Facing Forward is a series that shares the lives of people living with arthritis and other invisible chronic illnesses. The goal of the series is to see how we are similar and how we are different - and to remind us to keep moving forward because we aren't alone!
Diagnosis: Fibromyalgia & a number of other conditions including depression, anxiety and PTSD/C-PTSD
Age at Diagnosis: I was 16 when I was first diagnosed with depression, and 25 when I was diagnosed with fibromyalgia, though I’d experienced symptoms my entire life. The other diagnoses came in my late twenties.
How are you currently treating your condition?
The fibromyalgia diagnosis was a crucial point in forcing me to realise I needed to care for both my body and mind. I’d already lived with depression since I was a child, but until I started learning more of fibromyalgia, I didn’t realise the extent to which diagnoses could impact on each other.
I take medication to help with the different symptoms like physical pain, IBS, gastritis, low mood, and anxiety. While medication helps, for me I’ve seen the best turnaround in my overall health (and life!) combining that with changes to diet and lifestyle. I grew up eating mostly fresh fruit and veg from my grandad’s farm. When I migrated, I forgot all about it and allowed myself to be influenced into the world of processed foods, fizzy drinks, and high sugared foods. I turned everything upside-down, went back to basics (fresh, healthy foods), trying to limit processed foods, and made hard lifestyle choices at a time when I was most ill. I started physiotherapy. Returning to work was crucial, in that it forced me to get the only exercise I could then manage with my high pain levels. That helped. I lost weight, there was less pressure on my joints and muscles and overall I started feeling a lot better. The mind part can be tricky, but when you start benefitting from better physical health, I think it’s impossible for that not to impact on your mental/emotional state. I started engaging in talking therapies, mindfulness and generally tried to be more open about ways of thinking and being. Once all this happened, I was in a better place to work on my non-existent social life. This can’t be left out. Nope, non-negotiable. Life with chronic pain can be isolating, and we often forget how this can affect our mental and physical states. Trust me, this package still works!
What are the biggest challenges you have faced since your diagnosis?
Self-judgement; other people’s non acceptance or lack of understanding. Stigma, and discrimination; Issues related to invisible disabilities. Things like, when I don’t have my walking stick (tossed it at the back of the closet!) and on the train I’m either having to stand when I’m feeling terribly unwell or feeling pressured to give up my seat to someone else whose disability is visible. Or people constantly commenting on why I take the lift when I climb the stairs.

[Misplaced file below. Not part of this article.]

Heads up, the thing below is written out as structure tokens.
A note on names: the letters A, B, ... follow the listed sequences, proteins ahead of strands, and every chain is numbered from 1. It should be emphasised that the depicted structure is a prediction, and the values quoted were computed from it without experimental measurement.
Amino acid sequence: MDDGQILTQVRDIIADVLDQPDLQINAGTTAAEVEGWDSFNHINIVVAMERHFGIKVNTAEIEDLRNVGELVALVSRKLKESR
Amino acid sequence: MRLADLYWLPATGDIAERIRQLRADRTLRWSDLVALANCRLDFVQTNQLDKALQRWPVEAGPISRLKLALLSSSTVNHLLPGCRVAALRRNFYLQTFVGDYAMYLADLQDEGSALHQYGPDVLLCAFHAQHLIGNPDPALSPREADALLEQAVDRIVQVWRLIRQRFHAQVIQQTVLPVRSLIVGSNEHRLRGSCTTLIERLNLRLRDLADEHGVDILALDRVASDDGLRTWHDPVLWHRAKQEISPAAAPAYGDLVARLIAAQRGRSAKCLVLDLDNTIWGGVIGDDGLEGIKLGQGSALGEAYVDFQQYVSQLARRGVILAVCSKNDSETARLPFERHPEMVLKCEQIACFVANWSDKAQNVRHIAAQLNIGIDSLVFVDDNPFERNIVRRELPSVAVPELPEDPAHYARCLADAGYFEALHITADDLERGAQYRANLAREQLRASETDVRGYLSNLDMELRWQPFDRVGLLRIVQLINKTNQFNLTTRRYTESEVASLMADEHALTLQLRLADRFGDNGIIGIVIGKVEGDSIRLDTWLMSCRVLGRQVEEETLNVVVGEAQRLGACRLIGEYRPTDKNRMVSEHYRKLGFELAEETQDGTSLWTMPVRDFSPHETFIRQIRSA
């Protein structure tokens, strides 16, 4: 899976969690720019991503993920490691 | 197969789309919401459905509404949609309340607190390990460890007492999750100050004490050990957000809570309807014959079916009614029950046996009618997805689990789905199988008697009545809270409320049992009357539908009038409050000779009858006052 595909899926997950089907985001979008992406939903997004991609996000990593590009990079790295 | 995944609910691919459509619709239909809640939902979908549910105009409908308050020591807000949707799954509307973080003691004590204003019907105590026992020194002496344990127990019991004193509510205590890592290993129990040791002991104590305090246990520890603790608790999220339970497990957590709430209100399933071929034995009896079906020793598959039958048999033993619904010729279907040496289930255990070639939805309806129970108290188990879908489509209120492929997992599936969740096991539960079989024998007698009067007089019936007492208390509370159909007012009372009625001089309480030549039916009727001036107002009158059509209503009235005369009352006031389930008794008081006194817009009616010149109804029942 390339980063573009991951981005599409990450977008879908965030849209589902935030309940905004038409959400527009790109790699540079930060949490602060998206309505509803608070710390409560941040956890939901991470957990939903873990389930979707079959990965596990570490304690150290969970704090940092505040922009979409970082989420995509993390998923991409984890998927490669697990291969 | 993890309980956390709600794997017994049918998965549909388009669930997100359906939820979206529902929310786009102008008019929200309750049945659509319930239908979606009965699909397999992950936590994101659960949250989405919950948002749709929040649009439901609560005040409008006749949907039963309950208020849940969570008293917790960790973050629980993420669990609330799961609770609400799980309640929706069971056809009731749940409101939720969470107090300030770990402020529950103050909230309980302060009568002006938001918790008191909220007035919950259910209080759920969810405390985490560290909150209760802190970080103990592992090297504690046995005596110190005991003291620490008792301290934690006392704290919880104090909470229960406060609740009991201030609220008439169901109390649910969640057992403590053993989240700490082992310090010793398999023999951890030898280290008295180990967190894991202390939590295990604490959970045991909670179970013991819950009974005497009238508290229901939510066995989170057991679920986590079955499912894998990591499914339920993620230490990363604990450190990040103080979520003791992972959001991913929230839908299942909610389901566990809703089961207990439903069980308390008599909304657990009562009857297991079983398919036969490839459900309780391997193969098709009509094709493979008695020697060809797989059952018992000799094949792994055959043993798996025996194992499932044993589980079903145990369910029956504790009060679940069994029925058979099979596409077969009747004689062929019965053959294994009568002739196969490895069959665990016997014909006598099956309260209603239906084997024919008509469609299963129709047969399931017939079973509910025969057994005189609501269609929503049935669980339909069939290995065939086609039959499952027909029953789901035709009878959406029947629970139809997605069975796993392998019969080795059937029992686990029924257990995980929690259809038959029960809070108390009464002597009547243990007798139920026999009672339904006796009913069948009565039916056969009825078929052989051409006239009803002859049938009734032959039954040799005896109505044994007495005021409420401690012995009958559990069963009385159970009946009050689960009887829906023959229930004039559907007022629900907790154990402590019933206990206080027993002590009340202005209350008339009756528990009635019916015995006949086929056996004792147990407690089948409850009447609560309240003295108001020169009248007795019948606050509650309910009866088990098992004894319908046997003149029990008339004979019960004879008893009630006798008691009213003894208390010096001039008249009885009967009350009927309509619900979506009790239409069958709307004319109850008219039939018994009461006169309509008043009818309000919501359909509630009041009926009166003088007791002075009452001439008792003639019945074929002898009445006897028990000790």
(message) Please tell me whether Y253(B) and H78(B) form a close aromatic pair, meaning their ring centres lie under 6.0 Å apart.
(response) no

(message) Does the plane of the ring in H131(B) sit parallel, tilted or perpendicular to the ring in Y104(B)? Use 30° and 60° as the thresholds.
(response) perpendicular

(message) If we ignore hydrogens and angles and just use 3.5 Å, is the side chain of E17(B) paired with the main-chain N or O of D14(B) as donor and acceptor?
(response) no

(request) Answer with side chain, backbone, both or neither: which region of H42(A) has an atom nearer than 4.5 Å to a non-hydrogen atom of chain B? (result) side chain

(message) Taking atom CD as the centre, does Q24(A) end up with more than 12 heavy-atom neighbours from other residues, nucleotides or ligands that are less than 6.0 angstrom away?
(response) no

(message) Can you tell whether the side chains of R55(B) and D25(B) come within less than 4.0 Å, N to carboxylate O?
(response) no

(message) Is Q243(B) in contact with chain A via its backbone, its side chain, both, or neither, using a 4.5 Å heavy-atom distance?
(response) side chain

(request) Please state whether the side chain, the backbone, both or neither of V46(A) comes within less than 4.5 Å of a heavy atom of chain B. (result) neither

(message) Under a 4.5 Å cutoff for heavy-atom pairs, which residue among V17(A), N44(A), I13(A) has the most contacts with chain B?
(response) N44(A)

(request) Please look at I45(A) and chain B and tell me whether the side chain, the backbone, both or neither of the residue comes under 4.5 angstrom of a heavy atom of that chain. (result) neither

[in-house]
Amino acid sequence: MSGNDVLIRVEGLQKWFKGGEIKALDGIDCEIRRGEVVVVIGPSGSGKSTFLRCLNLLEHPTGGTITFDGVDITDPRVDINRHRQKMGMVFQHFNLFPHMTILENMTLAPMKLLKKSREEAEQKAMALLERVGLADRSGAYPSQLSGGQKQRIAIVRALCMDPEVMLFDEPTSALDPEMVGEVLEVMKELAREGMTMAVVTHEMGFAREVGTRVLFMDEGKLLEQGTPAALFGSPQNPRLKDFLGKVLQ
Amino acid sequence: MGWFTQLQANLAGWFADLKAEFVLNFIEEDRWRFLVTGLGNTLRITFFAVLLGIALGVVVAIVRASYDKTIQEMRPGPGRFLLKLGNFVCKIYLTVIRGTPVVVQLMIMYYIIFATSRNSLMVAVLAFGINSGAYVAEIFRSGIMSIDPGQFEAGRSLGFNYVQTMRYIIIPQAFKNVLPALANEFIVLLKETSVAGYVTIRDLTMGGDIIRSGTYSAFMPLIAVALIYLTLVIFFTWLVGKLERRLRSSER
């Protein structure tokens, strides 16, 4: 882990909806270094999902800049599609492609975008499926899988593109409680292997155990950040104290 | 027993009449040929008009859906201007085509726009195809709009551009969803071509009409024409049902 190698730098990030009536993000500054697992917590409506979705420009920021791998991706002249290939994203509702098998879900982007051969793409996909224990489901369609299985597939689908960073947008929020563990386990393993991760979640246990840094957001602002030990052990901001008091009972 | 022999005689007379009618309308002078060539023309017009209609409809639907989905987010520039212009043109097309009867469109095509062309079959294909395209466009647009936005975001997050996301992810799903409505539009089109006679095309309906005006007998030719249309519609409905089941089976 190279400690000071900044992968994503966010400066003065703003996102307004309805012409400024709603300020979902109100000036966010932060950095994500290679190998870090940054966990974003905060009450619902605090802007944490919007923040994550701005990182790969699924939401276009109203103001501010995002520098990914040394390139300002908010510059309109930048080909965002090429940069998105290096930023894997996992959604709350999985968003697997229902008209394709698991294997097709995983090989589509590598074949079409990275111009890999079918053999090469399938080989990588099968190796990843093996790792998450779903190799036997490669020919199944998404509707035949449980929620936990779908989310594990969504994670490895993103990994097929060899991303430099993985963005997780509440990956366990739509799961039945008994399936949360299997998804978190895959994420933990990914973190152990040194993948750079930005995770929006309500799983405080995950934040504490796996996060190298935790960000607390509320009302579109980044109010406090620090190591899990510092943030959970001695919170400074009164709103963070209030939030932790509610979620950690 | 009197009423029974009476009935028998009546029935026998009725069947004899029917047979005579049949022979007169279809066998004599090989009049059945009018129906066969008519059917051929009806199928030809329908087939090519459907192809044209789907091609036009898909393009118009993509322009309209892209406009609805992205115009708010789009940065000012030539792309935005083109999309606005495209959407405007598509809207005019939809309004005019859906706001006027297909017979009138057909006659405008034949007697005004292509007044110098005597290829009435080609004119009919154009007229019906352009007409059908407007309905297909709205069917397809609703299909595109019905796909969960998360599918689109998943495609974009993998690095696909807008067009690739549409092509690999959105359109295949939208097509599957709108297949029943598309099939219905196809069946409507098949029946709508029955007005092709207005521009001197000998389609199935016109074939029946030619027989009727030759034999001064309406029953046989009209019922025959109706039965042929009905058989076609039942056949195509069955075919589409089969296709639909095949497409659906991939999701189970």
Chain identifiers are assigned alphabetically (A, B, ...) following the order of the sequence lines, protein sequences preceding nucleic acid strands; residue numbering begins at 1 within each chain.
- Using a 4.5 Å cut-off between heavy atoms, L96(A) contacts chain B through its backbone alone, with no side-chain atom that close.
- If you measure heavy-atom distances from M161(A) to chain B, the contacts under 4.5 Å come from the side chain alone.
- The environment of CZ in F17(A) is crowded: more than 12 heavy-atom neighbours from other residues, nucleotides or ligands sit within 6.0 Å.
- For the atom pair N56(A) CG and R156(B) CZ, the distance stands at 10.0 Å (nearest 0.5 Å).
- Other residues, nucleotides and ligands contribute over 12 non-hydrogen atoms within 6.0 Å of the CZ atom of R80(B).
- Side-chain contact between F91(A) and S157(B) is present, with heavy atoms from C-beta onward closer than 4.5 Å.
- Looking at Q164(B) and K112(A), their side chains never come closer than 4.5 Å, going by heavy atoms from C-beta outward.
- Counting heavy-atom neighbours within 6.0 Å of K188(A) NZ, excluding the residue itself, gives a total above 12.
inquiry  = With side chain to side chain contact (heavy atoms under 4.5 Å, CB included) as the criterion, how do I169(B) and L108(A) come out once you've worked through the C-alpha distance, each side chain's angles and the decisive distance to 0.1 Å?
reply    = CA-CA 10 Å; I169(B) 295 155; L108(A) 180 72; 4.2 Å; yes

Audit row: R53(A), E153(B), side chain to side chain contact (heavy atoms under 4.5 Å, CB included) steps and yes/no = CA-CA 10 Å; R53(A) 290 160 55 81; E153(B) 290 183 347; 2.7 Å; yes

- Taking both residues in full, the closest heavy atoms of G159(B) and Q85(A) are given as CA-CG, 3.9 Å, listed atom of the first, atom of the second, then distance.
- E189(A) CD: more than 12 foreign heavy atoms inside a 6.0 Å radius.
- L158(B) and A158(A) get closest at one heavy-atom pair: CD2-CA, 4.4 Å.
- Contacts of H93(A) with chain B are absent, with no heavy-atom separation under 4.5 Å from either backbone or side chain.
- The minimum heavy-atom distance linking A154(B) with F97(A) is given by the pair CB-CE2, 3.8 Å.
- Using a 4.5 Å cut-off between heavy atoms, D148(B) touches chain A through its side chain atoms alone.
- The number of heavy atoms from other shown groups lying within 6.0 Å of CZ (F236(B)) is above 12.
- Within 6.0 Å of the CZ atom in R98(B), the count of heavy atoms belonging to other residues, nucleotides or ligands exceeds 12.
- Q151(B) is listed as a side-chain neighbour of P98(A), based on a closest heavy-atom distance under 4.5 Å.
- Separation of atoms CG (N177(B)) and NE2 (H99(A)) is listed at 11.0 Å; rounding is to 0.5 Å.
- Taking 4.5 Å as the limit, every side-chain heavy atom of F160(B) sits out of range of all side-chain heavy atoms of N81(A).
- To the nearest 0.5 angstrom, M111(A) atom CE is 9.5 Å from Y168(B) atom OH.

What are your favorite tips and tricks for managing everyday tasks?
The tricks I use depend on what’s going on the day. Pain issues while I’m out or busy – Ginger chews (also used for dizziness & IBS), ginger tea, light stretches and bottles of my home-made raw juices; Pacing (do what you can, in the way that you can manage best), challenging thoughts (I do so much better when I remember to stop over-analysing, stop being so self-critical and try to look at the whole picture. For example, I’m now less lightly to get anxious because someone has been awful- I try to think of what’s going on for that person. Not always easy when one is in pain and dealing with a slew of symptoms but it helps). Having a change of environment (a 5 minute walk away from my desk or flat even helps). A bite-size conversation with a friend (even via text on my lunch break can bring a change of perspective and improve my day bucket-loads!); Laughter (preferable shared).
How do you manage to keep facing forward every day?
I remember yesterday when I didn’t think I would make it or be here today; and I am still here, plodding on. If I did then, I must be able to press ahead to tomorrow. Every day, no matter how bad, is experience. Tomorrow absolutely has to be better.
If you could go back to diagnosis day and tell your past self one thing, what would it be?
Not to worry so much, it won’t be easy but things will get better. Not by anyone else’s hands but yours.
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